Thursday, September 9, 1999 Published at 16:15 GMT 17:15 UK
UK eyes Kubrick finale
Tom Cruise and Nicole Kidman in Kubrick's tale of marital jealousy
By BBC News Online's Ryan Dilley
Stanley Kubrick's final film, Eyes Wide Shut, has attracted its fair share of controversy since production kicked off in 1996. Now audiences in the UK, the acclaimed director's adopted home, have the chance to see his celluloid epitaph for themselves.
During his 46-year career, Kubrick never shied away from weighty subject matter.
From the stark anti-war film Paths of Glory, to the Cold War satire of Dr Strangelove, and the seminal sci-fi epic 2001 to the deeply troubling A Clockwork Orange, his works have always provoked debate.
With the exception of 1962's relatively tame adaptation of Lolita, he largely avoided the subject of sex in his 13 movies.
Rumours of graphic on-screen sex scenes in Eyes Wide Shut have occupied the papers for more than two years. The Daily Mail's Baz Bamigboye even insisted it would include a "steamy romp" between Cruise and British actor Alan Cumming.
Talk of the film's sexual content and wrangles with the censors saw curious audiences flock to see Eyes Wide Shut when it opened in the US with an R-rating - which allows under 17s to see it with an adult.
After taking a creditable $21.8m in its first weekend, box office receipts for the film dropped off.
The UK release - reputedly containing 65 seconds of raunchy footage digitally-altered in the US to placate the censor - will by no means shock audiences.
Yet here too expectations of raunch threaten to overshadow Kubrick's subtle exploration of marital jealousy, the nature of trust and our perceptions of reality.
Cruise plays a doctor - stung by the revelation that wife Kidman once fantasised about adultery - who hits the town in search of adventure.
Although intent of finding comfort in the arms and charms of another woman, Cruise's odyssey cannot seriously be described as erotic.
An 'orgy' scene - whose soundtrack enraged Hindus when it emerged Kubrick had inadvertantly used a song containing lines from sacred scriptures - barely deserves the title, so fleeting and tame are the sexual acts shown.
The distributor has reportedly abandoned releasing it in India. Such trials are familiar to the makers of many a movie.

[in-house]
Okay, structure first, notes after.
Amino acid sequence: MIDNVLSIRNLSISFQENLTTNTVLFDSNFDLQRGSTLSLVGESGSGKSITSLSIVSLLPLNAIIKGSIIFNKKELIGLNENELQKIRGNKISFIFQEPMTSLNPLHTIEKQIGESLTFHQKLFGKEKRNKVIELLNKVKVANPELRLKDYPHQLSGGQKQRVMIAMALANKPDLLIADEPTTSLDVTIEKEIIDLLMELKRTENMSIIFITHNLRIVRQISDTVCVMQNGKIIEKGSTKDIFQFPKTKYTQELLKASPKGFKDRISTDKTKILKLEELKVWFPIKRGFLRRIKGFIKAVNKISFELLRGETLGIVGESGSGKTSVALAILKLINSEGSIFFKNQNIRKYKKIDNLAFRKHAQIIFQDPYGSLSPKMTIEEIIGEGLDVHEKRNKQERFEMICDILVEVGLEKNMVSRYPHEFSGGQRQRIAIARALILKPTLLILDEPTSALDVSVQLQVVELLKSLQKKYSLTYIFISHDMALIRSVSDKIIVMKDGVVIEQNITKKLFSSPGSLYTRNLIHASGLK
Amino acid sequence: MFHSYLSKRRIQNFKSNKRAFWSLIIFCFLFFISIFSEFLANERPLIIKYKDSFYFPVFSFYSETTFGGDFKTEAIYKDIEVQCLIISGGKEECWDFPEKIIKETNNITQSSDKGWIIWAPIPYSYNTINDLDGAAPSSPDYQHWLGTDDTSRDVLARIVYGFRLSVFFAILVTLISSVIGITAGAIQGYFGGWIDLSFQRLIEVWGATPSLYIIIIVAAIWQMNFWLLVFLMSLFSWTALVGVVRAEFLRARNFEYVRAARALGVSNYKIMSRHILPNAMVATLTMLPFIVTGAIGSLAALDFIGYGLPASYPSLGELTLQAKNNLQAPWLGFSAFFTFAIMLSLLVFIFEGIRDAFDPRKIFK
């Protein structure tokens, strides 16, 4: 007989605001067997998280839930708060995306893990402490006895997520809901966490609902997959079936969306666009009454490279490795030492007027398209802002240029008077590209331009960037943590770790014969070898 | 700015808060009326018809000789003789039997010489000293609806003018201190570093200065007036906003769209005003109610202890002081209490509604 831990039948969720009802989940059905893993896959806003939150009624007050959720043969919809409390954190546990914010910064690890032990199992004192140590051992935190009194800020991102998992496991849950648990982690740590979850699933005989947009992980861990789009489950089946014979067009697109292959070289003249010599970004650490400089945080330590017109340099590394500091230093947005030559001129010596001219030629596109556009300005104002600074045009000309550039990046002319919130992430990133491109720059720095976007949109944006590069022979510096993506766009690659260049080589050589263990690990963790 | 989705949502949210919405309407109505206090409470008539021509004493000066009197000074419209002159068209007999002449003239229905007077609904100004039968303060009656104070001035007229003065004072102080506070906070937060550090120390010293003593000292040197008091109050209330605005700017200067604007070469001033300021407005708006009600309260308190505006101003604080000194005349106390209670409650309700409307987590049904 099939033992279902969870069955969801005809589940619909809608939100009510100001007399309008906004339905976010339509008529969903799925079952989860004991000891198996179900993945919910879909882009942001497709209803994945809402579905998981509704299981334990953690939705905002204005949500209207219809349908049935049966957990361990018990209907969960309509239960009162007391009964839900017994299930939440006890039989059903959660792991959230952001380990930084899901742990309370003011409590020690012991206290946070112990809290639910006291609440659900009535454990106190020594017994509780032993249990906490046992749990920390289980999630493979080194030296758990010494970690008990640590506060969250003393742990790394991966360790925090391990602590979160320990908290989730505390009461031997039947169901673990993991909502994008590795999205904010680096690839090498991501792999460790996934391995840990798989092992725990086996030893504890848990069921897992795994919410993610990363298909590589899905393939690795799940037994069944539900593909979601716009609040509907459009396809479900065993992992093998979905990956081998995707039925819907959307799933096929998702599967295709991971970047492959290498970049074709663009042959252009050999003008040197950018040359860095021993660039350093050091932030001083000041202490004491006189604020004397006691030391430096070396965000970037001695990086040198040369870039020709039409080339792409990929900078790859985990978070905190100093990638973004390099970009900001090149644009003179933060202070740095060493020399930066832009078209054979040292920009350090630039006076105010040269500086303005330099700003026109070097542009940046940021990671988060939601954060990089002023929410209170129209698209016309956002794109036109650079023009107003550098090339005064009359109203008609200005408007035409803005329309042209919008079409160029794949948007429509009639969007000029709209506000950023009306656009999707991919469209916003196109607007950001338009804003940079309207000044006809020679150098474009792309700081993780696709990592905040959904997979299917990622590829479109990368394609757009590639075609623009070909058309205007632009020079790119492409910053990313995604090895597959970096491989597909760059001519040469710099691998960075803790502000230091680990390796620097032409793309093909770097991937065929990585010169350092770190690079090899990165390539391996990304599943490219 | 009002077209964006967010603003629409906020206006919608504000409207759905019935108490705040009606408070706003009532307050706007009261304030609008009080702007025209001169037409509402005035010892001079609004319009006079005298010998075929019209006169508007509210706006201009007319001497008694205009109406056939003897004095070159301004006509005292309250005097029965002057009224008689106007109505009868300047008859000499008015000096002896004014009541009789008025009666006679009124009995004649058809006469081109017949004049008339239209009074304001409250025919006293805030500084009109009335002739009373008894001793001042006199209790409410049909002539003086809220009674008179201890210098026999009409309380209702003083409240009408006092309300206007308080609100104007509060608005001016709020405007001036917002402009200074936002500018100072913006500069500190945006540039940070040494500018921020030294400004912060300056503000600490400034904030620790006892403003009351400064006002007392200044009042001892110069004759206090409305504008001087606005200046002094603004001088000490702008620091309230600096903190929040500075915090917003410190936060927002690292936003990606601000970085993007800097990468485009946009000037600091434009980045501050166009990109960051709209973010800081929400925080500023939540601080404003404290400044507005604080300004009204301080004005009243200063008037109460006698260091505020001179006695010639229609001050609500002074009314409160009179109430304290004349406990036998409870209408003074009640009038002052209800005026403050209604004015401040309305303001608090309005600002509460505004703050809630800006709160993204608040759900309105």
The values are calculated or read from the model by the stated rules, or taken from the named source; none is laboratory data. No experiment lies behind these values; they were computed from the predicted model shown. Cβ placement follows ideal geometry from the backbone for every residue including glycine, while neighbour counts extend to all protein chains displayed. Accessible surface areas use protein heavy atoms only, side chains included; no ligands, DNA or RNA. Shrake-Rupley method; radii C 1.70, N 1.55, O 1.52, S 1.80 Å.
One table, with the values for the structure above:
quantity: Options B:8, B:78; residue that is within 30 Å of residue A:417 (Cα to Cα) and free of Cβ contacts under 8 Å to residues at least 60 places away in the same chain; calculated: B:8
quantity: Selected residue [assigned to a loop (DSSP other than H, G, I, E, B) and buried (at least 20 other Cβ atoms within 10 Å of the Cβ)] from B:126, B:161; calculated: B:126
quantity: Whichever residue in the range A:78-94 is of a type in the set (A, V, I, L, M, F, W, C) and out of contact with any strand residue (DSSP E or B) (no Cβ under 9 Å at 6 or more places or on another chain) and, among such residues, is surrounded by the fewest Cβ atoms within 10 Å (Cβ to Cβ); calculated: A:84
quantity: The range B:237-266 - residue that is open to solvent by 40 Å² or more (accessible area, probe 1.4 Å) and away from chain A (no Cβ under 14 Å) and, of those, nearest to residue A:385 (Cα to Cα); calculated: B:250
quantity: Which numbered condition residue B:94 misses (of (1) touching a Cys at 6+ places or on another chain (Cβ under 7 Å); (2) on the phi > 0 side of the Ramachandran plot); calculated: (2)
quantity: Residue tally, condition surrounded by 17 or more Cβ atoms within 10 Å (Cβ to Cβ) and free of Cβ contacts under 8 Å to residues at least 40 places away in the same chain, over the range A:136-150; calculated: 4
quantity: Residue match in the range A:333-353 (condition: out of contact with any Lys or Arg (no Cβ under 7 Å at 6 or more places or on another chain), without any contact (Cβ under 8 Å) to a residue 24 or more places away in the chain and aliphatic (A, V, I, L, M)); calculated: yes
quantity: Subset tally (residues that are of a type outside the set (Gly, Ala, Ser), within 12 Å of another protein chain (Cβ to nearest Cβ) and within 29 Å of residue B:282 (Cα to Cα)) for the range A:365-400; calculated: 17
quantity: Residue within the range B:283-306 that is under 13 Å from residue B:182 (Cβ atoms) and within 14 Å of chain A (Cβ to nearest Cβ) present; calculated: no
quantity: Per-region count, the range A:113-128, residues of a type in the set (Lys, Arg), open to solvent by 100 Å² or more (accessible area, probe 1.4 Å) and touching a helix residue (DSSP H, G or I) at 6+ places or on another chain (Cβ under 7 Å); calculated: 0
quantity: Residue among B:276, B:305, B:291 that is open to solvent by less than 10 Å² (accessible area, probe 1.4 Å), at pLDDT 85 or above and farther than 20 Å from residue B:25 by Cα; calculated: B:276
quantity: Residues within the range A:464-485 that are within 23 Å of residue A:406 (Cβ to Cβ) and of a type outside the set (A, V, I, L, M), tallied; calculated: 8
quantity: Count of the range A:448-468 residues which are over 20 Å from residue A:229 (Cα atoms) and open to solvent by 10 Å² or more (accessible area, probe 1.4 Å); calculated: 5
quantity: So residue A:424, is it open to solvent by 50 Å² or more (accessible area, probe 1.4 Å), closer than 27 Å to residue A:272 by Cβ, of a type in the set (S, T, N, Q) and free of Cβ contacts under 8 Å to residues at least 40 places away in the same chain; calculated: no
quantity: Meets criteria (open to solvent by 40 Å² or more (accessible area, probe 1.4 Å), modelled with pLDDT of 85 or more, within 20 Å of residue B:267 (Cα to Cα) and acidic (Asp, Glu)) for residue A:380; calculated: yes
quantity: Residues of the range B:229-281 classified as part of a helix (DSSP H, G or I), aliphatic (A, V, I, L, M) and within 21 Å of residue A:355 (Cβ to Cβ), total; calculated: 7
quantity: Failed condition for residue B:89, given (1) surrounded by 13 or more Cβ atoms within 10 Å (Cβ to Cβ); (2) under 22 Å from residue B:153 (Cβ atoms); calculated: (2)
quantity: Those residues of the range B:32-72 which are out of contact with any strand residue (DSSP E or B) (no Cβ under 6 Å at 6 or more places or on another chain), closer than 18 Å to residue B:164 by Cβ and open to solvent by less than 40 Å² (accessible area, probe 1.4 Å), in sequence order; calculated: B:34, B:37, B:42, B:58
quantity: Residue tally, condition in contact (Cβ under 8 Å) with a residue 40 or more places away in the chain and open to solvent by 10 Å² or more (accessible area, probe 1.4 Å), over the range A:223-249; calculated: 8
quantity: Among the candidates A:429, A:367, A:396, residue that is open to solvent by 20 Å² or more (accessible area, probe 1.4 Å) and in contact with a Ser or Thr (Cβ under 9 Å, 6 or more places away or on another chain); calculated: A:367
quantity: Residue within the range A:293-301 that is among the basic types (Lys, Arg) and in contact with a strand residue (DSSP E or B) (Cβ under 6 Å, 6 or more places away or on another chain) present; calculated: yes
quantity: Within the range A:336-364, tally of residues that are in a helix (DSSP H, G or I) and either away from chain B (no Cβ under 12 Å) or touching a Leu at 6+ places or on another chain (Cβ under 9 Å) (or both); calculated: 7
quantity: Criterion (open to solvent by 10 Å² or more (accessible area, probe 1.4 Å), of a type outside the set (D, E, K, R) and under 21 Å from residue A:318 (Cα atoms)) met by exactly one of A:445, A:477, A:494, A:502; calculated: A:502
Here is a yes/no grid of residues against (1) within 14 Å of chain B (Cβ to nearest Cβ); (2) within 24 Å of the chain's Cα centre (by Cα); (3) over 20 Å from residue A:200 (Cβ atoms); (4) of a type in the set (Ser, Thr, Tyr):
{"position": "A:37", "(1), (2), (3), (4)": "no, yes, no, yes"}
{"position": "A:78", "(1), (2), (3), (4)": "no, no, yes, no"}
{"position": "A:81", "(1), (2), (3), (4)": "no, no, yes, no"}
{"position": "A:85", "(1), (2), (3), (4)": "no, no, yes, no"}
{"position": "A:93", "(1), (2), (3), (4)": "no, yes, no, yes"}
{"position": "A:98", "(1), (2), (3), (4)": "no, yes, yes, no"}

The hype surrounding Kubrick's final film was largely generated by the director himself.
Renowned for working on a closed set, for Eyes Wide Shut Kubrick titillated journalists by issuing cast and crew with no disclosure agreements.
Before his death he orchestrated a marketing campaign which saw Cruise and Kidman canoodling in a teasing cinema trailer for the film.
Despite the lack of sex, British audiences may prove less fickle than their American counterparts, if only to repay the New York-born filmmaker's longstanding affection for this country.
Kubrick fled Hollywood for Hertfordshire in 1961, after completing the sword-and-sandal epic Spartacus with Kirk Douglas.
Fittingly for such an ambitious artist, his reluctance to leave Britain's shores never stopped Kubrick making movies set in more exotic climes.
For his penultimate film, Full Metal Jacket, the director almost succeeded in turning an abandoned industrial estate in east London into a convincing replica of war-torn Vietnam.
Eyes Wide Shut is perhaps not the tour de force many fans of Kubrick had been expecting.
It certainly lacks the visual flair which marks even the most flawed of his previous efforts.
For a filmmaker dogged by accusations that he was pretentious and self-indulgent, this film, its drawn out production and equally prolonged marketing effort may provide his critics with even more ammunition.
Eyes Wide Shut opens in the UK on 10 September
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